Changes between Version 16 and Version 17 of Status/Oct10


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Timestamp:
Oct 28, 2010 8:14:33 AM (3 years ago)
Author:
simonpj
Comment:

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  • Status/Oct10

    v16 v17  
    1919 There's a raft of other small changes to the optimisation pipeline too.  The net effect can be dramatic: Bryan O'Sullivan reports some five-fold (!) improvements in his text-equality functions, and concludes "The difference between 6.12 and 7 is so dramatic, there's a strong temptation for me to say 'wait for 7!' to people who report weaker than desired performance." [[http://www.serpentine.com/blog/2010/10/19/a-brief-tale-of-faster-equality/ Bryan]] 
    2020 
    21  * David Terei implemented a new back end for GHC using LLVM. In certain situations using the LLVM backend can give fairly substantial performance improvements to your code, particularly if you're using the Vector libraries, DPH or making heavy use of fusion. In the general case it should give as good performance or slightly better than GHC's native code generator and C backend. You can use it through the '-fllvm' compiler flag. More details of the backend can be found in David's and Manuel Chakravarty's Haskell Symposium paper [Llvm]. 
     21 * David Terei implemented a new back end for GHC using LLVM. In certain situations using the LLVM backend can give fairly substantial performance improvements to your code, particularly if you're using the Vector libraries, DPH or making heavy use of fusion. In the general case it should give as good performance or slightly better than GHC's native code generator and C backend. You can use it through the '-fllvm' compiler flag. More details of the backend can be found in David's and Manuel Chakravarty's Haskell Symposium paper [[http://www.cse.unsw.edu.au/~davidt/downloads/ghc-llvm-hs10.pdf Llvm]]. 
    2222 
    2323 * Bryan O’Sullivan and Johan Tibell and implemented a new, highly-concurrent I/O manager. GHC now supports over a hundred thousand open I/O connections. The new I/O manager defines a separate backend per operating system, using the most efficient system calls for that particular operating system (e.g. `epoll` on Linux.) This means that GHC can now be used to implement servers that make use of e.g. HTTP long polling, where the server needs to handle a large number of open idle connections.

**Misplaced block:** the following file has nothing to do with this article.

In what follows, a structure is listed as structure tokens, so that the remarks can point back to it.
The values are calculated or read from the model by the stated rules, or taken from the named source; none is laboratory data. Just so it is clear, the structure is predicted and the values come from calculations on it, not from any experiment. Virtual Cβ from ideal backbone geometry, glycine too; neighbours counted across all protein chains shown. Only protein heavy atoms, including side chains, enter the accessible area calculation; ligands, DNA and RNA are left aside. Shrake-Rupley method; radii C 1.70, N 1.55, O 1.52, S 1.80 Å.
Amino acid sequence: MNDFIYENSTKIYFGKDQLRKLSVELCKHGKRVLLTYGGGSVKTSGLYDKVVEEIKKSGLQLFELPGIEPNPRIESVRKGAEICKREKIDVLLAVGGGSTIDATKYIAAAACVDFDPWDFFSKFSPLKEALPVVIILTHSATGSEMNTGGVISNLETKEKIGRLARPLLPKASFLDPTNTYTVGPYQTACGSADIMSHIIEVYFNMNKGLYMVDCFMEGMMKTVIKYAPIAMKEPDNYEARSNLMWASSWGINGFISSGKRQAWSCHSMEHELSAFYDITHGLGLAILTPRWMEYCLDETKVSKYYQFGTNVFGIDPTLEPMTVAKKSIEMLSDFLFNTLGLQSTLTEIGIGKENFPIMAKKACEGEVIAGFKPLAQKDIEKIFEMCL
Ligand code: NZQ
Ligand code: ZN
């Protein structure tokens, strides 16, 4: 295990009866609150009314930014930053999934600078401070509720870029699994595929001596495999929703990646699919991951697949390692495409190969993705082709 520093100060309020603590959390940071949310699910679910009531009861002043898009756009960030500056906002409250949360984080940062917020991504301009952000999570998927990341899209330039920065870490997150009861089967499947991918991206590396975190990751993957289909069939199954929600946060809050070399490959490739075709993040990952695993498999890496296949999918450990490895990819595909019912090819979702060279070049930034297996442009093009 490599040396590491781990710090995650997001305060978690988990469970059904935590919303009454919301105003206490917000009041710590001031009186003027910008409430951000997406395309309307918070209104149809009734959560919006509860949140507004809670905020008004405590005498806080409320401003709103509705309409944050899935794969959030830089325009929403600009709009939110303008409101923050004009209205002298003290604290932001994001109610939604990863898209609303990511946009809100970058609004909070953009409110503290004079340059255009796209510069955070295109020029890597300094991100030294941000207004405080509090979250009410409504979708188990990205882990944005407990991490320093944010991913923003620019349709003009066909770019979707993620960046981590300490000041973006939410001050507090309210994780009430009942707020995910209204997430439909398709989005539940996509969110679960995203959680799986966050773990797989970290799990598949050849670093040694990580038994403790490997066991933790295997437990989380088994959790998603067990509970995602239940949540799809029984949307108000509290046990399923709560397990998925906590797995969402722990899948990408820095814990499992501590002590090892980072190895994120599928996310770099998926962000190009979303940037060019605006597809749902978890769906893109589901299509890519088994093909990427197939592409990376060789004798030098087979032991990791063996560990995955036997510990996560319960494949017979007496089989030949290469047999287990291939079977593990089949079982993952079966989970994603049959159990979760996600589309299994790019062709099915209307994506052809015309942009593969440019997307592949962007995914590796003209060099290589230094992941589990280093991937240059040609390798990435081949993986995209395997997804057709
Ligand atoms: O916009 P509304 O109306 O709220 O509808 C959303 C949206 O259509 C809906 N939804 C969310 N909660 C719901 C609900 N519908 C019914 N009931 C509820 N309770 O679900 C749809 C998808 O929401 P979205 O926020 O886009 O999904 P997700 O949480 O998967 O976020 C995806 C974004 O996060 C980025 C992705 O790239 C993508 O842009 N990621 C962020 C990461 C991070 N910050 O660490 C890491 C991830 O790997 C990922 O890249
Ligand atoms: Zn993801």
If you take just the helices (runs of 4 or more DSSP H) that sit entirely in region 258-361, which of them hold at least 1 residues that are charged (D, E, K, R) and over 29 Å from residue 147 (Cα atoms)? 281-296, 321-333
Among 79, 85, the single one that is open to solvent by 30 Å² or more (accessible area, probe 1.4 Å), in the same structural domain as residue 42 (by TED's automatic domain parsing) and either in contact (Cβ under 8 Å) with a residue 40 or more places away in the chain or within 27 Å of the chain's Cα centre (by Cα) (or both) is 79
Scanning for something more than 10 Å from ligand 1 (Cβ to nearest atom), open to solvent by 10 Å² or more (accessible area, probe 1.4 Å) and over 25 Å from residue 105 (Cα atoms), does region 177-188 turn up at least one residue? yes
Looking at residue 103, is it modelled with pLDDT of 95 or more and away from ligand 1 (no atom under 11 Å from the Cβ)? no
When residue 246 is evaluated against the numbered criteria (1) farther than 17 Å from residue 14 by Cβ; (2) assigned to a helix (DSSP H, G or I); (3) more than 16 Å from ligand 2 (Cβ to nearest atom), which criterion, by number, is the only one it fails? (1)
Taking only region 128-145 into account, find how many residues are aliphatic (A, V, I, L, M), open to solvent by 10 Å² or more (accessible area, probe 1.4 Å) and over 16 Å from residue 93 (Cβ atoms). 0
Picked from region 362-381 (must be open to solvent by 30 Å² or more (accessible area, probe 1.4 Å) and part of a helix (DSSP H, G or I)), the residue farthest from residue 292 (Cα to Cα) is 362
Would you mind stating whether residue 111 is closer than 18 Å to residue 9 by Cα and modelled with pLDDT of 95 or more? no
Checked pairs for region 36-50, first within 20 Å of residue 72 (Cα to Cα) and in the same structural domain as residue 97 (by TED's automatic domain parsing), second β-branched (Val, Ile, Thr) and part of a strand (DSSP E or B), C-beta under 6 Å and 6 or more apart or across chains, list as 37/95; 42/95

2424 
    25  * In joint work with Phil Trinder and his colleagues at Herriot Watt, Simon M designed implemented a new parallel strategies library, described in their 2010 Haskell Symposium paper [Seq]. 
     25 * In joint work with Phil Trinder and his colleagues at Herriot Watt, Simon M designed implemented a new parallel strategies library, described in their 2010 Haskell Symposium paper [[http://www.haskell.org/~simonmar/papers/strategies.pdf Seq]]. 
    2626 
    2727 * Simon M did a lot of work on the runtime system.  In particular he substantially improved the way that thunks are handled in a concurrent programs.  '''Simon: a little more info?''' 
     
    5151 * Next after that is a mechanism for '''promoting types to become kinds''', and data constructors to become types, so that you can do ''typed'' functional programming at the type level.  Conor !McBride's SHE prototype is the inspiration here [SHE].  Currently it is, embarrassingly, essentially untyped.   
    5252 
    53  * '''Template Haskell''' seems to be increasingly widely used.  Simon PJ has written a proposal for a raft of improvements, which we plan to implement in the new year [!TemplateHaskell]. 
     53 * '''Template Haskell''' seems to be increasingly widely used.  Simon PJ has written a proposal for a raft of improvements, which we plan to implement in the new year [[http://hackage.haskell.org/trac/ghc/blog/Template%20Haskell%20Proposal TemplateHaskell]]. 
    5454 
    5555 * Iavor Diatchki plans to add '''numeric types''', so that you can have a type like `Bus 8`, and do simple arithmetic at the type level.  You can encode this stuff, but it's easier to use and more powerful to do it directly.